Development Crossing

Corporate Social Responsibility (CSR) and Sustainability

CSR Strategy - more than a necessary evil
Corporate Social Responsibility (CSR) has achieved a lot of media focus in the past decade and where some firms are viewing the concept as a necessary evil to conform; other firms are literally riding the wave, by engaging the trend proactively and incorporating CSR in their strategy. Governments, clients, suppliers, NGOs and the media in general are placing more and more demands to sustainability and consequently many firms experience the need to document and attest their CSR efforts. Some have even chosen to include an ethical and/or social statement next to their financial statements. Most experts agree that this development is not just another fad, but that CSR is an aspiring mega trend, which firms must include in their strategic considerations. But how do we get from “a necessary evil” to a potential source of competitive advantage?
Michael E. Porter argues that a clear alignment between existing strategy, business operations and CSR initiatives are paramount to a successful integration and implementation. However, if this is achieved CSR can actually be a profitable add-on instead of just a “necessary cost.” Recent research conducted independently by Harvard Business School and Gallup documents the need, the scope and scale as well as the profitability of CSR initiatives among Danish SMEs. Simultaneously, both surveys convey the fact that the same company segment has concerns about engaging in actual activities as they feel they lack knowledge and information both regarding what they can do, and how they can do it.
One of the more common misconceptions seem to be that firms do not follow up on their CSR initiatives and believe that a “plug & play” solution is adequate. This line of thought can be conceptualized in to general problems: misalignment and lack of documentation.

Although CSR can be applied and engaged from many angles the concept quintessentially rests on perception and recognition. Both are highly subjective matters and this is exactly the reason why CSR is so challenging. Strategically and operationally companies differ in their ambitions; internally employees differ in their values, and externally people, communities, institutions and governments differ in their expectations to the respective businesses. These three different dimensions can be referred to as respectively Identity, Profile and Image (IPI) and illustrated as the figure below.

Figure 1: Image, Profile and Identity matching – (IPI Gap Analysis Model)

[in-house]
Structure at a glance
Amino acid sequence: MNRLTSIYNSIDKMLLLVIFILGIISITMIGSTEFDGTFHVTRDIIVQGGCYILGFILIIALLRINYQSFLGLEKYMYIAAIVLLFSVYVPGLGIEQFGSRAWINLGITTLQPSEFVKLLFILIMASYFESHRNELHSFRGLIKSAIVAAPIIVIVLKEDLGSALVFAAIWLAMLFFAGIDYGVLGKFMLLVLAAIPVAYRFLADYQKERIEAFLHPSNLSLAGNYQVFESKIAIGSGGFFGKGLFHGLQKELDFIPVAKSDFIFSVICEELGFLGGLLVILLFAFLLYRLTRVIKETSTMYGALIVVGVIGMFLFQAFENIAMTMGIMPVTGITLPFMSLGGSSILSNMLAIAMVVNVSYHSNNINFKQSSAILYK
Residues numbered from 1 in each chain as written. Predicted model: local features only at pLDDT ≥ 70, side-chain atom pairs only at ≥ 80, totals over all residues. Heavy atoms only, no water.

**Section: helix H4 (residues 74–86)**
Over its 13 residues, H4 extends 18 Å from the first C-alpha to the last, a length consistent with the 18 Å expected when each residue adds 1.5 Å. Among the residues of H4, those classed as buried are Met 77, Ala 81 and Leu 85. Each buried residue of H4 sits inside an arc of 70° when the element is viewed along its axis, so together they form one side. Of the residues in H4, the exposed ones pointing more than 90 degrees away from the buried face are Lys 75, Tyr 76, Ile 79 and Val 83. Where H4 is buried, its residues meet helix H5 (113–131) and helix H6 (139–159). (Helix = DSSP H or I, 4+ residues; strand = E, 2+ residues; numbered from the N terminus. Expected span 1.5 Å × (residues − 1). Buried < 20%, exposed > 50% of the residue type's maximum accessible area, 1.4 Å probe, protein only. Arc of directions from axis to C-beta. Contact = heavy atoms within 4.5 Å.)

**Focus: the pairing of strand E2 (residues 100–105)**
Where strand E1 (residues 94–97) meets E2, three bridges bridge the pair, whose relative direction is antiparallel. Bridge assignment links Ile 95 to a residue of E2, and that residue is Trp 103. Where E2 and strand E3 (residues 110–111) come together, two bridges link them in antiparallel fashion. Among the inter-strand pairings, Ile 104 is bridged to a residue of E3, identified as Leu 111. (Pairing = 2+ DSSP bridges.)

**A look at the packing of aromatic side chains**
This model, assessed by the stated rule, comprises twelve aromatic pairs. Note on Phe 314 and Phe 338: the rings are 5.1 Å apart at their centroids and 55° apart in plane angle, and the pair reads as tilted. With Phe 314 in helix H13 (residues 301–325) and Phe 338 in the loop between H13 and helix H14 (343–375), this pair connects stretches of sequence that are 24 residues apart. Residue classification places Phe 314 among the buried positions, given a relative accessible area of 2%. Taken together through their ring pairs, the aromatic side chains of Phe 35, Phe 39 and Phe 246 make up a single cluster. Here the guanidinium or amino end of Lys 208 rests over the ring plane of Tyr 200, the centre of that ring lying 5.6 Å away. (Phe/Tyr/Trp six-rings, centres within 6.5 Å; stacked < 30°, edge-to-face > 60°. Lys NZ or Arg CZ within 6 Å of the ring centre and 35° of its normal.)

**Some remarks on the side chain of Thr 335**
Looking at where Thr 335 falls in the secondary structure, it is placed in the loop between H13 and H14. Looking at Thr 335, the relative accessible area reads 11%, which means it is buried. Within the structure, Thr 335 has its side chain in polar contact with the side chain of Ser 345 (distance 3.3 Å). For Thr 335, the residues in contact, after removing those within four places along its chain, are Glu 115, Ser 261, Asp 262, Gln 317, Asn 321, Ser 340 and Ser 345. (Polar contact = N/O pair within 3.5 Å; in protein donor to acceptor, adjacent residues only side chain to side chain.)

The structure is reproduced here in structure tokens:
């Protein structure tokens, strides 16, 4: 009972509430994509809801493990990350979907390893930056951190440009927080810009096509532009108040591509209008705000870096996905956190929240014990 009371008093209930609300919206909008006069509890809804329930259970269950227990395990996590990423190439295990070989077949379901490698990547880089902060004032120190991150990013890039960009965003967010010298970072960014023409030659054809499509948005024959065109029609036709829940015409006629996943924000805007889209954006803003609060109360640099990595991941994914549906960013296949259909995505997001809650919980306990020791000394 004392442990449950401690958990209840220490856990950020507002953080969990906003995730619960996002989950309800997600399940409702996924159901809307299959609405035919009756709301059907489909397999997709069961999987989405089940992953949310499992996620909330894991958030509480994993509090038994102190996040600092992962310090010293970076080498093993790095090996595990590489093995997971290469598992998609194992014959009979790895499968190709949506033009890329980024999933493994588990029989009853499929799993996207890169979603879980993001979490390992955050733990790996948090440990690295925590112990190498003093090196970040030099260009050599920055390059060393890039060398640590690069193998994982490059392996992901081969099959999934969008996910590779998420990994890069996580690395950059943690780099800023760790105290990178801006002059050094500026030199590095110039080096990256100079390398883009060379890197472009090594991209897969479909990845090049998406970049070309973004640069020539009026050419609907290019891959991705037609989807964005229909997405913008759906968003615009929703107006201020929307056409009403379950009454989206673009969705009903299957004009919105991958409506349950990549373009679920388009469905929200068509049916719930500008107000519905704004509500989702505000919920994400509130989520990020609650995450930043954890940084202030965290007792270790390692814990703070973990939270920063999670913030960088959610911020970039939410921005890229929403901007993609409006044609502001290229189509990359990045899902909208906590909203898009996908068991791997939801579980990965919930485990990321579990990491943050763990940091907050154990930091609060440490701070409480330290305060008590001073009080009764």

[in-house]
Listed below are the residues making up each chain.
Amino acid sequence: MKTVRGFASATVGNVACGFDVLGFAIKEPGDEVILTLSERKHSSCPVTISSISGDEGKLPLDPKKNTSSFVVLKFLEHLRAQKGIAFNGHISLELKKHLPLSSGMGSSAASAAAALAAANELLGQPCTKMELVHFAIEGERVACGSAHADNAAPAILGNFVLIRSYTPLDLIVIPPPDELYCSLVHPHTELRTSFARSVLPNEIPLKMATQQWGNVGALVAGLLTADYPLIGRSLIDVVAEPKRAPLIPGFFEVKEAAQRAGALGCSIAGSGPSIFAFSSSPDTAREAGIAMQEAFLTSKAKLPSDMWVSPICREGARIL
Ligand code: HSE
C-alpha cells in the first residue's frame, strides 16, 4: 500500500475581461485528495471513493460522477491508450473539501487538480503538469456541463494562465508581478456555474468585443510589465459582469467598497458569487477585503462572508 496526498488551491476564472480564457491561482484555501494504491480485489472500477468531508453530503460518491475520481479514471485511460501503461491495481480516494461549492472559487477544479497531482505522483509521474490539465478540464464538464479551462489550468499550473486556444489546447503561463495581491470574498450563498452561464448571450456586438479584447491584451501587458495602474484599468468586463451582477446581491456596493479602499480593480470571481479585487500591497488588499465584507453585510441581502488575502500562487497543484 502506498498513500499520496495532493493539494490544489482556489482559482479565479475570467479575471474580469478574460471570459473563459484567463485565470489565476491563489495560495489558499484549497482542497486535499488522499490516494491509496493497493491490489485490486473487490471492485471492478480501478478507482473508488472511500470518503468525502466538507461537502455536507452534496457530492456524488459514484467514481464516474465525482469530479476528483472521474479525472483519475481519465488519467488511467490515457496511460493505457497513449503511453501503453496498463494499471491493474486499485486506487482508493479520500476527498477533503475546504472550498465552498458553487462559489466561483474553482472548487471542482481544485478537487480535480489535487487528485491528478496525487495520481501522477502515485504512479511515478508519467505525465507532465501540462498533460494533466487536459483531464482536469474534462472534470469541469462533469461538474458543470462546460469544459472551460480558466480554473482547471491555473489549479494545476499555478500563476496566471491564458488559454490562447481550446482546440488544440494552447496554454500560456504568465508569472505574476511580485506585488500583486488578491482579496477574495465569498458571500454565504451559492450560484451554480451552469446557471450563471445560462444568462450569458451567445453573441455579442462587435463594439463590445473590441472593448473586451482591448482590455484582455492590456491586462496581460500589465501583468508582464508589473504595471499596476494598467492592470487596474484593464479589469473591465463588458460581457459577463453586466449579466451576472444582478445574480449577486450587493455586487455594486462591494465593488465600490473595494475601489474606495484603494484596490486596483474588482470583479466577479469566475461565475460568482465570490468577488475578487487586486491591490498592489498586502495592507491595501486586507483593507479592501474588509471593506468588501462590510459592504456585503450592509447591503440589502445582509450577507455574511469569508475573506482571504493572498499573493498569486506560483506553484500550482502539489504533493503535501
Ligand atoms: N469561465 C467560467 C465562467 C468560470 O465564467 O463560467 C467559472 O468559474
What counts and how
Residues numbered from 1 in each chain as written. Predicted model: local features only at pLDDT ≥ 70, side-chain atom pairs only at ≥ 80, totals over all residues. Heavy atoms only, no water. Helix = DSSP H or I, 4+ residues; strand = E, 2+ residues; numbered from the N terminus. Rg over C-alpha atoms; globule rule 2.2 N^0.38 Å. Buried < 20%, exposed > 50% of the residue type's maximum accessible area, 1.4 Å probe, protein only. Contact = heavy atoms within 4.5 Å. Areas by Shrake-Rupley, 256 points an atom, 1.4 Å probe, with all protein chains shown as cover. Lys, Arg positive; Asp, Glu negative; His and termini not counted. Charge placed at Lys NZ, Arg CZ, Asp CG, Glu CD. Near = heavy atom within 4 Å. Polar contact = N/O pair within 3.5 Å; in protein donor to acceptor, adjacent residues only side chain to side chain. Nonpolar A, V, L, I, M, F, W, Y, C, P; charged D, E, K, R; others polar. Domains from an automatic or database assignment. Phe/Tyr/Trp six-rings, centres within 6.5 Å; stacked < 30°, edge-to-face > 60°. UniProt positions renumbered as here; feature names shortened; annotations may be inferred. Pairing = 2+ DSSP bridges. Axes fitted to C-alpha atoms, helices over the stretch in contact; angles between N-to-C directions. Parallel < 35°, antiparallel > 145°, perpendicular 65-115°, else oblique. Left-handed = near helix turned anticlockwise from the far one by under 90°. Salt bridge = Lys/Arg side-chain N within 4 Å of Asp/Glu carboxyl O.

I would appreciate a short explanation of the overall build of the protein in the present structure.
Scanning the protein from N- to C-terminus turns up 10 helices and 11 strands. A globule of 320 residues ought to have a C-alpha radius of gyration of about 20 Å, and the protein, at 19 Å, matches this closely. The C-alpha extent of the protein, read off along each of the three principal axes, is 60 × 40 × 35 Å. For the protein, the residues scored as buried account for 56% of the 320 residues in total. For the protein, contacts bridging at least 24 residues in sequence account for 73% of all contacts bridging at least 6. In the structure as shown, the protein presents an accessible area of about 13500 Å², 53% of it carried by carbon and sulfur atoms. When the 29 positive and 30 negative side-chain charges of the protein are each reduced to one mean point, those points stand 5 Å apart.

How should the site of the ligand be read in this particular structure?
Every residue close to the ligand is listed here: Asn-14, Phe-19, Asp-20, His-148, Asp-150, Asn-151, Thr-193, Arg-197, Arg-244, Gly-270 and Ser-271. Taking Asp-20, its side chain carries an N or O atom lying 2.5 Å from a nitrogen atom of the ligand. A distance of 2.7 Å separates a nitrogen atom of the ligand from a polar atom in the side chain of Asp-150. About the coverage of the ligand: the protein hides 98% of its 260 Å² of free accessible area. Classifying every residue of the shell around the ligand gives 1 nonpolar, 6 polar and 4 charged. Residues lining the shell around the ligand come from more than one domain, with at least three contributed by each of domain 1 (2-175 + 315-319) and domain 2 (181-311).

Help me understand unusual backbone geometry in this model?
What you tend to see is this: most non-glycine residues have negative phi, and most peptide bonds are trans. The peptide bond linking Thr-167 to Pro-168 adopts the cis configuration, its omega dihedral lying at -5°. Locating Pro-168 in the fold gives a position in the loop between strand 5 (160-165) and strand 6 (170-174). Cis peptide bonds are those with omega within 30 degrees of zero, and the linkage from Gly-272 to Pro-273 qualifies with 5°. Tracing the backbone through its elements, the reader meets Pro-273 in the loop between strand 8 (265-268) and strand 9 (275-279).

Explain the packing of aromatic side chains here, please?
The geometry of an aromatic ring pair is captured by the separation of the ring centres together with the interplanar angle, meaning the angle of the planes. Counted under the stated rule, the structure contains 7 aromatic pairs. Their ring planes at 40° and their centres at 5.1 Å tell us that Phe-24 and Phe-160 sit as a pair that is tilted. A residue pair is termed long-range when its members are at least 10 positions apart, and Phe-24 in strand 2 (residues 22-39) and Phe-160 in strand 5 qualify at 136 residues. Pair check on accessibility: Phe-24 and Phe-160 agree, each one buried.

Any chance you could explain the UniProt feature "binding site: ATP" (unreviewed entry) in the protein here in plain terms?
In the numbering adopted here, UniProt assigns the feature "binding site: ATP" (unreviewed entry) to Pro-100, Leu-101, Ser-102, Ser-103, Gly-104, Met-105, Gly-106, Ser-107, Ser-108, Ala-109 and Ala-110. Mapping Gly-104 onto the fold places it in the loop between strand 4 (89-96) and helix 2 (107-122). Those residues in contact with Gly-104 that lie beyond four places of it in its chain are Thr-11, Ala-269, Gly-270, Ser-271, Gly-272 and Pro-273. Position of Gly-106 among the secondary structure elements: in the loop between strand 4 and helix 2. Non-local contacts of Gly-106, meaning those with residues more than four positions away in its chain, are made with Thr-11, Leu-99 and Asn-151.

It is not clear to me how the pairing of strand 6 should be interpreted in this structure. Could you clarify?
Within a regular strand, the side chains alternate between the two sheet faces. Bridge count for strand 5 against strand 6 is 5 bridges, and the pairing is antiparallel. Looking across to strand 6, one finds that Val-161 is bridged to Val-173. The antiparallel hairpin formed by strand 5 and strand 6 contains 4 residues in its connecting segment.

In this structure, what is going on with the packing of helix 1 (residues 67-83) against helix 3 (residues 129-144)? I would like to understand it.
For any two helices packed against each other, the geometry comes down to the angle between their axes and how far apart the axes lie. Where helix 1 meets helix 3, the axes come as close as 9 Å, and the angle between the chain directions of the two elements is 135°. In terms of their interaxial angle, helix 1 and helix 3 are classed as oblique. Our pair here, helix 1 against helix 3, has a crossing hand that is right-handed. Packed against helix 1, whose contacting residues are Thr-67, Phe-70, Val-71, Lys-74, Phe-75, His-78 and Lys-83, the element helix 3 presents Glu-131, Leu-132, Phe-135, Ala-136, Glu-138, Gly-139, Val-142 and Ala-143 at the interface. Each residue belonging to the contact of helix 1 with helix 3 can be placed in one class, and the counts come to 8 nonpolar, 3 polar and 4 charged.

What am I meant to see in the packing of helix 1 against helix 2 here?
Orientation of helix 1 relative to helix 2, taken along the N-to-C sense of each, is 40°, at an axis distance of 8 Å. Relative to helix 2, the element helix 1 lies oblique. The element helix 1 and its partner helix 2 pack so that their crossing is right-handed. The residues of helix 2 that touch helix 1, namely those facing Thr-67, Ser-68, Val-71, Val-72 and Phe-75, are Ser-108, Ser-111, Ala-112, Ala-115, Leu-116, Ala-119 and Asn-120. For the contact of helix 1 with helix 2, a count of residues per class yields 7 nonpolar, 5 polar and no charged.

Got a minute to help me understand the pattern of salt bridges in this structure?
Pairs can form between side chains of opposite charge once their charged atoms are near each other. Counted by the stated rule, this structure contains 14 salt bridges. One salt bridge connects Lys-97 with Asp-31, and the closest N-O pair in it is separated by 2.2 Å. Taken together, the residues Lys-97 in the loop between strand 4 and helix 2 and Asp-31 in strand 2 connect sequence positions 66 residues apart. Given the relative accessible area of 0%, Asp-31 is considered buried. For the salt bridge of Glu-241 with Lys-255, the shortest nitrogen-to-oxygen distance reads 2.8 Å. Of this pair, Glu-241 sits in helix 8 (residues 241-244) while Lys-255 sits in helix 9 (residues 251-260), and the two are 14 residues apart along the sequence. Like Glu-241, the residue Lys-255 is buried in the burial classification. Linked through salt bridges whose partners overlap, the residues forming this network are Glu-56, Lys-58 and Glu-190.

Source: Own adaptation based on Universum (Employer Branding Organization)

The individual company’s effort must be based on and aligned across all of these dimensions if the message is to be communicated effectively and with integrity, no matter whether it is directed towards employees, customers, shareholders, organizations etc.
Too many companies are sporadically deploying their CSR efforts on apparently good and reasonable initiatives like donating money to various NGOs or limiting CO2 emissions and saving on the electricity etc. This could be an effective strategy if the individual company can relate these initiatives to its profile, identity and image. Vestas is a good example of this and can actively exploit the public discourse on CO2 emissions, because its’ product actually can prevent or at least limit emissions and because its image is “No. 1 in Modern Energy”. In other words; business activities and CSR policies must be focused on a mutual goal and this enforces the individual dimensions, supports consistency throughout and builds integrity to the company both externally and internally. Essentially this increases the bargaining & sales power towards possible clients and thereby increases the foundation for economic growth & profit.

Documentation and Integration
Companies already engaging in CSR initiatives face another problem. In order for the message to bear any true weight it needs to be both continuous and consistent, no matter whether it is guided towards clients, owners, employees or other stakeholders. This is where documentation and communication comes into the picture. Even if CSR is aligned to activities and across the three dimensions it still has be documented and communicated effectively & consistently. The problem with simply donating money to a cause or a NGO is that it is getting harder to trace the actual impact of the donation. The more a company is able to follow and document its CSR effort, the easier and more trustworthy the message will be.

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Comment by Ravi Pratap Shahi on September 21, 2008 at 10:48pm
A very good approach for CSR. I would just like to add about the new plants which are being put up in India and developing countries. They should adopt this one or two years before the project is planned to start. This will educate the masses about their policies and plans, and will help them in ackeiving their goal. The local population becomes a fourth factor here.
Comment by Andrew on September 22, 2008 at 6:37am

As Ravi said, a very logical approach toward CSR.

You make an interesting comment about corporate donations, and this illustrates one of the key advantages relating to community business partnerships as opposed to mere corporate donations.

Community business partnerships typically involve a very specific set of objectives and outcomes, which allow the company to articulate and demonstrate the actual or anticipated benefits of the partnership in a clear and unambiguous fashion. If executed in a successful fashion therefore, such partnerships can have a considerably greater impact upon a company's reputation than that of mere corporate donations.


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